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Saturday, January 06, 2018

An Introduction to Yōkai Culture: Monsters Ghosts and Outsiders in Japanese History

by Komatsu Kazuhiko (Author), Hiroko Yoda & Matt Alt (Translators)

Japan Publishing Industry Foundation for Culture (JPIC), 2017
ISBN: 978-4-916055-80-4
Hardback, 196 pp

This book is an example of the growing trend of translating academic Japanese texts into English. This is a trend to be welcomed, because it adds to the richness of the intercultural knowledge base, but this particular work is not without its frustrations.
Komatsu has tried to write an accessible cultural-anthropological guide to yōkai culture - the colourful folklore of Japan's monsters, ghosts and goblins that he rightly sees as embodying more general Japanese cultural beliefs - yet his style veers between curious non sequiturs of overgeneralization and an academic's fastidiousness that often results in him reeling off lists of academic articles likely unavailable in English.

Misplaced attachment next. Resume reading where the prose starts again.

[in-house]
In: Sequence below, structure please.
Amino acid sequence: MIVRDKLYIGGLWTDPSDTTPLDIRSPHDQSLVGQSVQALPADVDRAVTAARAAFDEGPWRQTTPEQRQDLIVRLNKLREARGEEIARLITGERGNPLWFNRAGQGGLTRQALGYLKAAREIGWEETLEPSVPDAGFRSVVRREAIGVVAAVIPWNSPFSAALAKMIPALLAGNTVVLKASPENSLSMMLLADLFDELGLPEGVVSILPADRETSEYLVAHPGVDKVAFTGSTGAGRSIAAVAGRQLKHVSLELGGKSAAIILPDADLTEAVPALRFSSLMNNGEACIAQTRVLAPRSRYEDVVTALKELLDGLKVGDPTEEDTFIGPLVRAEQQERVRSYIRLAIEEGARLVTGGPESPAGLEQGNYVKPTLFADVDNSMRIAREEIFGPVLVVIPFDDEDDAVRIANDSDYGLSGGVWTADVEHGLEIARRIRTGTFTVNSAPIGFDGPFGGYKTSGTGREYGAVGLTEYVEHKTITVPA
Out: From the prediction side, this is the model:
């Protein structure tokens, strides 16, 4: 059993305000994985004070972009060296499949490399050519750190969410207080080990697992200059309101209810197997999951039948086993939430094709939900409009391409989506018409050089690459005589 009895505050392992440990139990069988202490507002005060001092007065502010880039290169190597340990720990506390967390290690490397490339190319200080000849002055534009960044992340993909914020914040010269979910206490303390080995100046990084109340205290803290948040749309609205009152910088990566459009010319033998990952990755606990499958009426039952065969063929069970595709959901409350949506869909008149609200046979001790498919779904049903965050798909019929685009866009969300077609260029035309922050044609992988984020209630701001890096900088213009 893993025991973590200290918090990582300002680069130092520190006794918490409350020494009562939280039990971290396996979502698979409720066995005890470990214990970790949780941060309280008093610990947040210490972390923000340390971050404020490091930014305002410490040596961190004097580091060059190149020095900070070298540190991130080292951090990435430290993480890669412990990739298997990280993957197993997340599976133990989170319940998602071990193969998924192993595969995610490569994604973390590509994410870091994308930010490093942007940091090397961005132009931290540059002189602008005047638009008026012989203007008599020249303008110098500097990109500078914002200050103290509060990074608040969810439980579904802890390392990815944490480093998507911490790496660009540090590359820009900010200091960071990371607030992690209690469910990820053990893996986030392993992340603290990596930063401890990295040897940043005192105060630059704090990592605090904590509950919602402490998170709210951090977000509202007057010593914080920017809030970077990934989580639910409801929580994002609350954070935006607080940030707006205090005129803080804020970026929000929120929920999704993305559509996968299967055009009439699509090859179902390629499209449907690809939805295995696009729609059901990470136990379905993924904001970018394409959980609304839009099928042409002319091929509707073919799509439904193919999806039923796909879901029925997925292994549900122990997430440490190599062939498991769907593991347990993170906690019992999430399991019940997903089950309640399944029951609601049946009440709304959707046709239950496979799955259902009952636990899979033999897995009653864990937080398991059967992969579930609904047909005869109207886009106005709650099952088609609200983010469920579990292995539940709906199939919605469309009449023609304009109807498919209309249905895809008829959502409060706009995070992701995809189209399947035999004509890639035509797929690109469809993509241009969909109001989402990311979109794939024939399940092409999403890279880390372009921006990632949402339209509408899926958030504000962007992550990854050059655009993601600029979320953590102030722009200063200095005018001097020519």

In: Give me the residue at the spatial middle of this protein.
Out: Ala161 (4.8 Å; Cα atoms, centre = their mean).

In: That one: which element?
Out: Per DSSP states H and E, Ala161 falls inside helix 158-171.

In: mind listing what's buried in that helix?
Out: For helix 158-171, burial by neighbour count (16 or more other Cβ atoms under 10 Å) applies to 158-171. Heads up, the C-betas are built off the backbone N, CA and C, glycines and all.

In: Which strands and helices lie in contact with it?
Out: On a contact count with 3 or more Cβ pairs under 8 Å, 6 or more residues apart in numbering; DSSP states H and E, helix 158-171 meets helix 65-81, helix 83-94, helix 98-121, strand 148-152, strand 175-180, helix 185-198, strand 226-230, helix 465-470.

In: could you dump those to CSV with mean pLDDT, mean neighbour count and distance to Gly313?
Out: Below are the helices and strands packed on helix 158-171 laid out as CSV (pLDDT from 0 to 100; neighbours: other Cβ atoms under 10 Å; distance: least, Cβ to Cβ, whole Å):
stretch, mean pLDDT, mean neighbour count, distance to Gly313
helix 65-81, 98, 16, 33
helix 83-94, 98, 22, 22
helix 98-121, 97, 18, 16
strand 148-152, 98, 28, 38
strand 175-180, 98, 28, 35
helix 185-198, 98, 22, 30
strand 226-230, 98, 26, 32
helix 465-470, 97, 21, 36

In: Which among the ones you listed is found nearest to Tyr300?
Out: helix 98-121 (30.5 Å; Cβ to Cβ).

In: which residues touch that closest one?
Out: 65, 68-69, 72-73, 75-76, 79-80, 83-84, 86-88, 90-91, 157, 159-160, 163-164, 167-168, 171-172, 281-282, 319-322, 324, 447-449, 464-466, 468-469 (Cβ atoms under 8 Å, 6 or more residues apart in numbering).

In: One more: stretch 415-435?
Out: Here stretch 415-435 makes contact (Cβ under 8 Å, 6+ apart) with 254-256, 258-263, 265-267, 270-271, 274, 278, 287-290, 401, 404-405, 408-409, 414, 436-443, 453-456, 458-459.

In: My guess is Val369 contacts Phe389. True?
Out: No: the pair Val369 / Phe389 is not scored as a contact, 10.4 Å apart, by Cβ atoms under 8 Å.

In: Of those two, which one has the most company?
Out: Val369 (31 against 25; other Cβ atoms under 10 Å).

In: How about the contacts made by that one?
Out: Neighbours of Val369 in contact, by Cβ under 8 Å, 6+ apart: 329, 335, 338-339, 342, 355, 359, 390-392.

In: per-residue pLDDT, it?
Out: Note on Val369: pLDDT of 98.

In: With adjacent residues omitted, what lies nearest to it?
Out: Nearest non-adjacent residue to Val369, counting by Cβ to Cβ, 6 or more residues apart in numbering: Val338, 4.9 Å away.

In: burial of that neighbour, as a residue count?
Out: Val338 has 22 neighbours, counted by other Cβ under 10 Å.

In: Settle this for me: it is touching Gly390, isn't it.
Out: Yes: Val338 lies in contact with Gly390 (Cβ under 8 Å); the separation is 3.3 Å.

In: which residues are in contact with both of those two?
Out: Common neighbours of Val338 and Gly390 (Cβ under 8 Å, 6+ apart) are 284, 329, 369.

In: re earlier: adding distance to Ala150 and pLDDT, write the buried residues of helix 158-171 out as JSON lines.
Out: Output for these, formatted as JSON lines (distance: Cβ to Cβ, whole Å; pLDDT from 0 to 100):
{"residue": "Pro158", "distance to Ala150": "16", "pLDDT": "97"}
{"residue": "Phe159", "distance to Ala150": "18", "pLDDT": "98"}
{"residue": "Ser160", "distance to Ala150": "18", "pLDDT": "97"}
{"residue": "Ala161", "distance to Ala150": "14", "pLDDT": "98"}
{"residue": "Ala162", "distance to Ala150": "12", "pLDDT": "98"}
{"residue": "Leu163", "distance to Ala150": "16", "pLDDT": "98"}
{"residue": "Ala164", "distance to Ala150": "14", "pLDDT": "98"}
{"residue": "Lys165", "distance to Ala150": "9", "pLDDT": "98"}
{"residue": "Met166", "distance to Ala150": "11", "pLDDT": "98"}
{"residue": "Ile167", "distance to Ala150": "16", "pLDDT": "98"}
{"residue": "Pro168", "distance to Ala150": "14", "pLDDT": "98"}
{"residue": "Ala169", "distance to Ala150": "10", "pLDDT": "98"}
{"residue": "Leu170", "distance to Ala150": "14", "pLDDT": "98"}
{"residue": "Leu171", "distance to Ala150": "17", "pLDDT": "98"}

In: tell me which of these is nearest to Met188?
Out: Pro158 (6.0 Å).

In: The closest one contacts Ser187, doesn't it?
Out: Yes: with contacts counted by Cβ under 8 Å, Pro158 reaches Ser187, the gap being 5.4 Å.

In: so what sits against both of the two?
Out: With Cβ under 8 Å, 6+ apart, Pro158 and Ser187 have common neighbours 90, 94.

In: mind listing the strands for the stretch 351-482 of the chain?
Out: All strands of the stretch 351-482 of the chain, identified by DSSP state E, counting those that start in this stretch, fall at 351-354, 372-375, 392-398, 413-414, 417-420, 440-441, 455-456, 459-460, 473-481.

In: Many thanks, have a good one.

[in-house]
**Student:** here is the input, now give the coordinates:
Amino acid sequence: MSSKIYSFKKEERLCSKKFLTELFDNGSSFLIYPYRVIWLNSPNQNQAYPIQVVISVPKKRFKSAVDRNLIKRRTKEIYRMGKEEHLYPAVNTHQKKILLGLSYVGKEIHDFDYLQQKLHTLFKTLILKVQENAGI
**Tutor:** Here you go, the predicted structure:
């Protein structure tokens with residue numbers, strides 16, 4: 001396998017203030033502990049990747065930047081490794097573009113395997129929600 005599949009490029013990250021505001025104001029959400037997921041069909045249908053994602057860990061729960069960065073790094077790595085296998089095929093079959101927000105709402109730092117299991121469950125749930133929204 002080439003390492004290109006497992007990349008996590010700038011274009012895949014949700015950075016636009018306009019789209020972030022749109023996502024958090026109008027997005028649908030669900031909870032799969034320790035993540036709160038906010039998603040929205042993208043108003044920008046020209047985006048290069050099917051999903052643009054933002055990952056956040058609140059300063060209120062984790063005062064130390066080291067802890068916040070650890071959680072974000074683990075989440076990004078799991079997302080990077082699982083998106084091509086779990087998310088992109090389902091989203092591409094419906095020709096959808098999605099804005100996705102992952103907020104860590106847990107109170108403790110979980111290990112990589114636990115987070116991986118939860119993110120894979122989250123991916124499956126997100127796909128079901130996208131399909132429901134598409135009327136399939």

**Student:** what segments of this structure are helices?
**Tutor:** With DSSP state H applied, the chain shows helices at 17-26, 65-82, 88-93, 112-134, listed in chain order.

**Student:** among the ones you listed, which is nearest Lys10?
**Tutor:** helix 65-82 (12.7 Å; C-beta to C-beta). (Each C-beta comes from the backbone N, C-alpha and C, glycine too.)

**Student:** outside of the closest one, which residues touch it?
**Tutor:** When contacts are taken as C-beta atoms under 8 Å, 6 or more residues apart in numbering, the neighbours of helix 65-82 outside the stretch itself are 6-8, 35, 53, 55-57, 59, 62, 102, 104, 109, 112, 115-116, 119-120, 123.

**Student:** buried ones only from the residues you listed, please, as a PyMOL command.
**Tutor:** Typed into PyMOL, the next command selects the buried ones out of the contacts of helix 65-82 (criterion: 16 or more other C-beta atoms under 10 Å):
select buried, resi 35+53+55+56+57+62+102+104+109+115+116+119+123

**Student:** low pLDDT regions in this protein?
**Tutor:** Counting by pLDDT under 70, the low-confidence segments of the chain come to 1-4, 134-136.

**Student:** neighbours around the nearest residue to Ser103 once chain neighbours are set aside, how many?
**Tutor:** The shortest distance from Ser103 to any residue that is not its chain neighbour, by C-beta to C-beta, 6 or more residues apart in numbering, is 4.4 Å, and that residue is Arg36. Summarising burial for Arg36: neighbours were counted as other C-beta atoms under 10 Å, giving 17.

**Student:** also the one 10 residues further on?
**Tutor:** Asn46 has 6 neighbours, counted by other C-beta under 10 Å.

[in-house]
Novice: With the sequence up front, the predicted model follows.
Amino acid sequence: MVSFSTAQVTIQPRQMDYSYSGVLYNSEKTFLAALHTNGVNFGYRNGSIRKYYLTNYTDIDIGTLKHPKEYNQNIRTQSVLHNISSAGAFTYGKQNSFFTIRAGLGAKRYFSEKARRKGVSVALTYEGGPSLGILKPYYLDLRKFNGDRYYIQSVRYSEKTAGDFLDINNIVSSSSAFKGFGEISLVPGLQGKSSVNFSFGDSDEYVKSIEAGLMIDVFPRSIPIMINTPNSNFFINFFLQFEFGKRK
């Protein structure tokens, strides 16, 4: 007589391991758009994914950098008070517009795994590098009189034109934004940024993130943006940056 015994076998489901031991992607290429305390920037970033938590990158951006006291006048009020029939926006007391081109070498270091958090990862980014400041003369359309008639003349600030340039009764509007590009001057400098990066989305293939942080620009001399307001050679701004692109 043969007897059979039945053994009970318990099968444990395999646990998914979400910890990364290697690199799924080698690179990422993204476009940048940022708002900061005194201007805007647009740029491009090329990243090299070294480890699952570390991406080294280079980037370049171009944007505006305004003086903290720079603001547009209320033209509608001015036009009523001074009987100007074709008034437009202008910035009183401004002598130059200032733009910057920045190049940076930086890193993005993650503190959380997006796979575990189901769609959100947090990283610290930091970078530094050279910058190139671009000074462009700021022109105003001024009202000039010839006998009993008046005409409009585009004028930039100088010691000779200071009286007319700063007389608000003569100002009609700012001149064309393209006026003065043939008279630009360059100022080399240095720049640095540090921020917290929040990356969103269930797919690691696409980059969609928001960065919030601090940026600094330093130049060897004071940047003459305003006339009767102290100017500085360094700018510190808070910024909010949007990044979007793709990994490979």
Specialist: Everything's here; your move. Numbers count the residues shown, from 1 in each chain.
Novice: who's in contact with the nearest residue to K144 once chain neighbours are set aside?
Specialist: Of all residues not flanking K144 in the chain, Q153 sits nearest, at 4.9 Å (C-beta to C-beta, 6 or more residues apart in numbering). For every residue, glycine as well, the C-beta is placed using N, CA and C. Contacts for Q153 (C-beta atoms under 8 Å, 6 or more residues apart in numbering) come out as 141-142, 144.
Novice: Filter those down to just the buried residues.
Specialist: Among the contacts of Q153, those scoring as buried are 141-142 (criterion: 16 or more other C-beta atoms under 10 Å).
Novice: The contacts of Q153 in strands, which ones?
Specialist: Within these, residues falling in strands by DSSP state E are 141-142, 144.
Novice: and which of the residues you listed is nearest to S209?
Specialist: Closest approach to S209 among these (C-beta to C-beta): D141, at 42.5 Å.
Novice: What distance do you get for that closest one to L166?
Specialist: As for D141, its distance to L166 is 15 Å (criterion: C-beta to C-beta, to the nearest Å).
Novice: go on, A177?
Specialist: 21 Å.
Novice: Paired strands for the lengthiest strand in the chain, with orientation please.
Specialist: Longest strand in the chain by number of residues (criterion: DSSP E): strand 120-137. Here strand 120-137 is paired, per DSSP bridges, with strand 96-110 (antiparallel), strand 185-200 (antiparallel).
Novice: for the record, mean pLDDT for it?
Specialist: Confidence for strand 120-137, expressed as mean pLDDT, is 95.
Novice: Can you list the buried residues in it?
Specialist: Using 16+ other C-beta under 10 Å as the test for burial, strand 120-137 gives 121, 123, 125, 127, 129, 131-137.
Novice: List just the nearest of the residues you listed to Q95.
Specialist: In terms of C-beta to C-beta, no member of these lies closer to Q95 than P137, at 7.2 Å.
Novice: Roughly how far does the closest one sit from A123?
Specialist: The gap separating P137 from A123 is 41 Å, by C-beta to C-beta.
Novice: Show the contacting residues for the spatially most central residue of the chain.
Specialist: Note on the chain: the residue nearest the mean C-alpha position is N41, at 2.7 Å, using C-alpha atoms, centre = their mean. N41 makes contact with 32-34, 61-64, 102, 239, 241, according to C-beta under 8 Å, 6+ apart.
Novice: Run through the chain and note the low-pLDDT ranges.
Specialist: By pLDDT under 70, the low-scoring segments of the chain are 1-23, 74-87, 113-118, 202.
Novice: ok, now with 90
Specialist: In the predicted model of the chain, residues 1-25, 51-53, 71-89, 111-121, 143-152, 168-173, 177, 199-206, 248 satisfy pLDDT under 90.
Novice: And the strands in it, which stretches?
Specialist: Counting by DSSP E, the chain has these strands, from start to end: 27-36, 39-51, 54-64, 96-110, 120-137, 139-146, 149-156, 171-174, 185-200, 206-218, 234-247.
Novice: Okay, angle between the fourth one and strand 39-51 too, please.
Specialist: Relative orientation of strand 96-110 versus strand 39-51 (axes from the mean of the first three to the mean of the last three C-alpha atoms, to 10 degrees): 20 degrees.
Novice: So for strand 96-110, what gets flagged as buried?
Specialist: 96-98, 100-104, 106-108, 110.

The latter issue can be excused given the text's origins, but the former is a real barrier to readability. Here is one example. Having clearly described the general characteristics of one of the most well-known types of yōkai creature, the kappa, as "child-sized humanoids, with shells on their backs, and dish-shaped indentations atop their heads, filled with water", Komatsu then unnecessarily states: "On the other hand, a strange waterside presence without these characteristics would not have been identified as a kappa." But within a few sentences, this apparent truism is contradicted by another sweeping statement: "Any strange creatures that appeared in or around water were labeled kappa…."
Despite being accompanied by a handsome collection of illustrations, such confused prose frequently dulls the point of Komatsu's research, sadly limiting the appeal of this volume to only the most persistent yōkai fans. Such an introduction needs to be extensively reworked to be palatable for the English lay-reader. Instead, the average punter with an interest in Japan's eerie folk culture would do better to begin with the earlier work of Komatsu's translators Hiroko Yoda and Matt Alt, who put together the much more accessible guide Yōkai Attack!: The Japanese Monster Survival Guide.

Richard Donovan

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